Also he deals with racism differently. In the novel he accepts that he is expected to act like he is below whites. For example he uses the colored washroom. Contrast to the novel when Virgil goes to question Endicott and slaps him back he shows he is equal to Endicott and he refuses to be put down. In the novel he is gentle and amiable toward the Endicotts and turns the other cheek when it comes to
Then Steinbeck opened the character up by talking him to Lenny. Crooks felt as if he could be totally open with Lenny because Lenny couldn’t properly follow track of the conversation and wouldn’t tell anyone else what he has said. This showed the readers the suffering that black people suffered. For example Crooks says to Lenny “Spose you couldn’t go into the bunkhouse and play rummy ‘cause you was black.” This shows the social outcast that black people were. By including this character, John Steinbeck was protesting that treating black people as social outcasts and as second class was not fair.
Out of most of the minor characters Mr. Dolphus Raymond stands out as one of the more evil characters until Scout learns the truth behind his behavior. On page 200 it states, “As Mr. Dolphus Raymond was an evil man I accepted his invitation reluctantly, but I followed Dill” (Lee). Scout knows Mr. Dolphus Raymond to be evil because he drinks and is married to an African-American woman, as well as the fact that he has fathered several half African-American and half white children. During the time period that she is living in, a relationship between a white man and a black woman is strictly frowned upon, thus resulting in his alienation from society and the many rumors surrounding him. It is later learned through his conversations with Dill and Scout that his “whiskey” is in fact Coca-Cola and he pretends to be drunk to give people a reason for why he behaves the way he does.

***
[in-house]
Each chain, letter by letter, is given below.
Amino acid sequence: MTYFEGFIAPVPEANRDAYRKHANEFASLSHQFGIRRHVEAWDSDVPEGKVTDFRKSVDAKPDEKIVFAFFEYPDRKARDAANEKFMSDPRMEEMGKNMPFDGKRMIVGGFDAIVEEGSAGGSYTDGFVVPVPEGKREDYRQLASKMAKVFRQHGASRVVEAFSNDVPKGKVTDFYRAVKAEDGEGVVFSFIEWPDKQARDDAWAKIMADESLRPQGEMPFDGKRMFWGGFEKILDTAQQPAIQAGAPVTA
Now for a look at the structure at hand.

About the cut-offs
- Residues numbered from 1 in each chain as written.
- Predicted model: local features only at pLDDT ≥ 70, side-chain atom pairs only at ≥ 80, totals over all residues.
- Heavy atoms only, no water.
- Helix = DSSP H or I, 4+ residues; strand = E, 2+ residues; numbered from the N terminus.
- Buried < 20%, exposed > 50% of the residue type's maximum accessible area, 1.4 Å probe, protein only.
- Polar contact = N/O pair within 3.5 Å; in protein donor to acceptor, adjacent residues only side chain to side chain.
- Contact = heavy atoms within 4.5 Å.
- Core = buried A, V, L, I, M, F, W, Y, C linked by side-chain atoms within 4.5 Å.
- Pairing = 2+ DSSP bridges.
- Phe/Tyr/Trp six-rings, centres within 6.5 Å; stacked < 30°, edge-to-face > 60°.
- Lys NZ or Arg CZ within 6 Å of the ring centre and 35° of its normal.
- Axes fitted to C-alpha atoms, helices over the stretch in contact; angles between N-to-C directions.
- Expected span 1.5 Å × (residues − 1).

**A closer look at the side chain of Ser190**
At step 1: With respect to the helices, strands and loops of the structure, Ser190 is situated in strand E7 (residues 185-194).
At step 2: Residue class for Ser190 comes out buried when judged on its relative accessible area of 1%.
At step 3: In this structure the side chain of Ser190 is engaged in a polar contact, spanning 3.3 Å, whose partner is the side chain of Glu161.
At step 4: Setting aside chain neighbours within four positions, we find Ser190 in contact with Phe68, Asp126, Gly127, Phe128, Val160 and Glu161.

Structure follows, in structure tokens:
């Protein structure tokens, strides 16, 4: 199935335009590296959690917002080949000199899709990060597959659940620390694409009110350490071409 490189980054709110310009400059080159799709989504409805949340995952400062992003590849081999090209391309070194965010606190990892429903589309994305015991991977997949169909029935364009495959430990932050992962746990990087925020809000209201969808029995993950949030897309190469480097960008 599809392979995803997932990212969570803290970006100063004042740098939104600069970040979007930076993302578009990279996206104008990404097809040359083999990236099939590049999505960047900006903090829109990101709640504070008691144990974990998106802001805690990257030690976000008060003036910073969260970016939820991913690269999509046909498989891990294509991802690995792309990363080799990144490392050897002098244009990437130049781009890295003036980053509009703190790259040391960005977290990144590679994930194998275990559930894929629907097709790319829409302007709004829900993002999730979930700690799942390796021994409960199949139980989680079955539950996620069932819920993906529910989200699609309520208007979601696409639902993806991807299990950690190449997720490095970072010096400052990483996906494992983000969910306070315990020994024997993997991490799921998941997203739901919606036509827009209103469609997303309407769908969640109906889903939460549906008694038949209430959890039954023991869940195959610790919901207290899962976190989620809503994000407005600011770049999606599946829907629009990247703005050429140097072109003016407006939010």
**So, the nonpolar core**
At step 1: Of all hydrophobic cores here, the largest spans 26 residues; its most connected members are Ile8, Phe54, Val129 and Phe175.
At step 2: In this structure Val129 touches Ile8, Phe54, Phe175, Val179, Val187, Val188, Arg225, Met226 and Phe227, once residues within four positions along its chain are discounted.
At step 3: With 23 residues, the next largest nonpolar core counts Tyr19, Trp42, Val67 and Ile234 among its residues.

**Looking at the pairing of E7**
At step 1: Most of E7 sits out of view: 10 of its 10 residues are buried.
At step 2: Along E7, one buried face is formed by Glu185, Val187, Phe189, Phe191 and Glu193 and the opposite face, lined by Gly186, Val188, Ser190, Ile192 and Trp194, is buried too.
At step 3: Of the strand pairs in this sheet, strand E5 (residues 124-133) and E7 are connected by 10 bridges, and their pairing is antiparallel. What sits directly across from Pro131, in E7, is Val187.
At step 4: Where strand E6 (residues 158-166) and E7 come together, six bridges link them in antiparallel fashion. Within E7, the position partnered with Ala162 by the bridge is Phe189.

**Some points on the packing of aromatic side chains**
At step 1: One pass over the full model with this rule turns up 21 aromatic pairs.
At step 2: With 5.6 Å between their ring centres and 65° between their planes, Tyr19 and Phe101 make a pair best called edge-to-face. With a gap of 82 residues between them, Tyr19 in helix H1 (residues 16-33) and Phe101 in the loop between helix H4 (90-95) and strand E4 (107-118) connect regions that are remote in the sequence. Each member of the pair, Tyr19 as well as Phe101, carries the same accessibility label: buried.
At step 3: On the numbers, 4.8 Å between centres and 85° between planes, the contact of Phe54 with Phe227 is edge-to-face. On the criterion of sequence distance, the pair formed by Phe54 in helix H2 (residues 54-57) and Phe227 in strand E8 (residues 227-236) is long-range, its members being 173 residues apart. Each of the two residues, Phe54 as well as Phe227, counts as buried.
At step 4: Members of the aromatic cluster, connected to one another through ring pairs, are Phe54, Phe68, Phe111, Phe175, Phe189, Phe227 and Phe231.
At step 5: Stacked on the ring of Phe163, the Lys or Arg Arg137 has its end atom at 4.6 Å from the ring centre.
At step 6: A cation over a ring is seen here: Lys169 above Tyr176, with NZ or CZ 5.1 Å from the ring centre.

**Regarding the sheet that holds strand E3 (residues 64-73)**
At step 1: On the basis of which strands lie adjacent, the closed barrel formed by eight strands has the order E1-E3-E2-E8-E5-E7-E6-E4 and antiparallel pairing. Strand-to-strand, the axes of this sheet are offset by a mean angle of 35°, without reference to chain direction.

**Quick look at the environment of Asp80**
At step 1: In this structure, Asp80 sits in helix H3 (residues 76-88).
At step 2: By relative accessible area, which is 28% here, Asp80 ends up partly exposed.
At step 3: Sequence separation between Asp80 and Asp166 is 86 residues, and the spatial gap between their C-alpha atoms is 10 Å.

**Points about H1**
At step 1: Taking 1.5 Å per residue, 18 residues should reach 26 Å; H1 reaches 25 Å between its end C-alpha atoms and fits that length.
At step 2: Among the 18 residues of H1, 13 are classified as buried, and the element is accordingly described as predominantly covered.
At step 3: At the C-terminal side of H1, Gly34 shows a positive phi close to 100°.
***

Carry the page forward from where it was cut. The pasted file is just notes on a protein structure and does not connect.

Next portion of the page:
Crooks also has a fake hope that he is protected by his “wrights” but toughs are dashed by his argument with Curlys wife. "S'pose you couldn't go into the bunkhouse and play rummy 'cause you was black...Sure, you could play horseshoes 'til dark, but then you have to read books." This shows that Crooks pities his own circumstances and vulnerability. However on pg73 "his tone was a little more friendly" and pg77 "I didn't mean to scare you" gives us the impression that Crooks has a kind heart under his mean exterior. Crooks brings into perspective the lonely experienced of all the characters in "Of Mice and Men" by saying on pg77 "Books ain't no good.
We could speculate that if more of the | | |villagers were wealthy enough to have this option, they too would have deserted the infected | | |area. When Maggie and Brand flee, they are set upon by the people of the next village because | | |they are mortally afraid that these two former Bradford servants are plague carriers. So they | | |really can’t go anywhere. When Mompellion expresses that the “plague will make heroes of us | | |all,” he is referring to Brand’s rescue of Maggie. Brand’s guilt over Maggies’ predicament is | | |what forces him to go back and get her – but is this true heroism when he is acting out of | | |guilt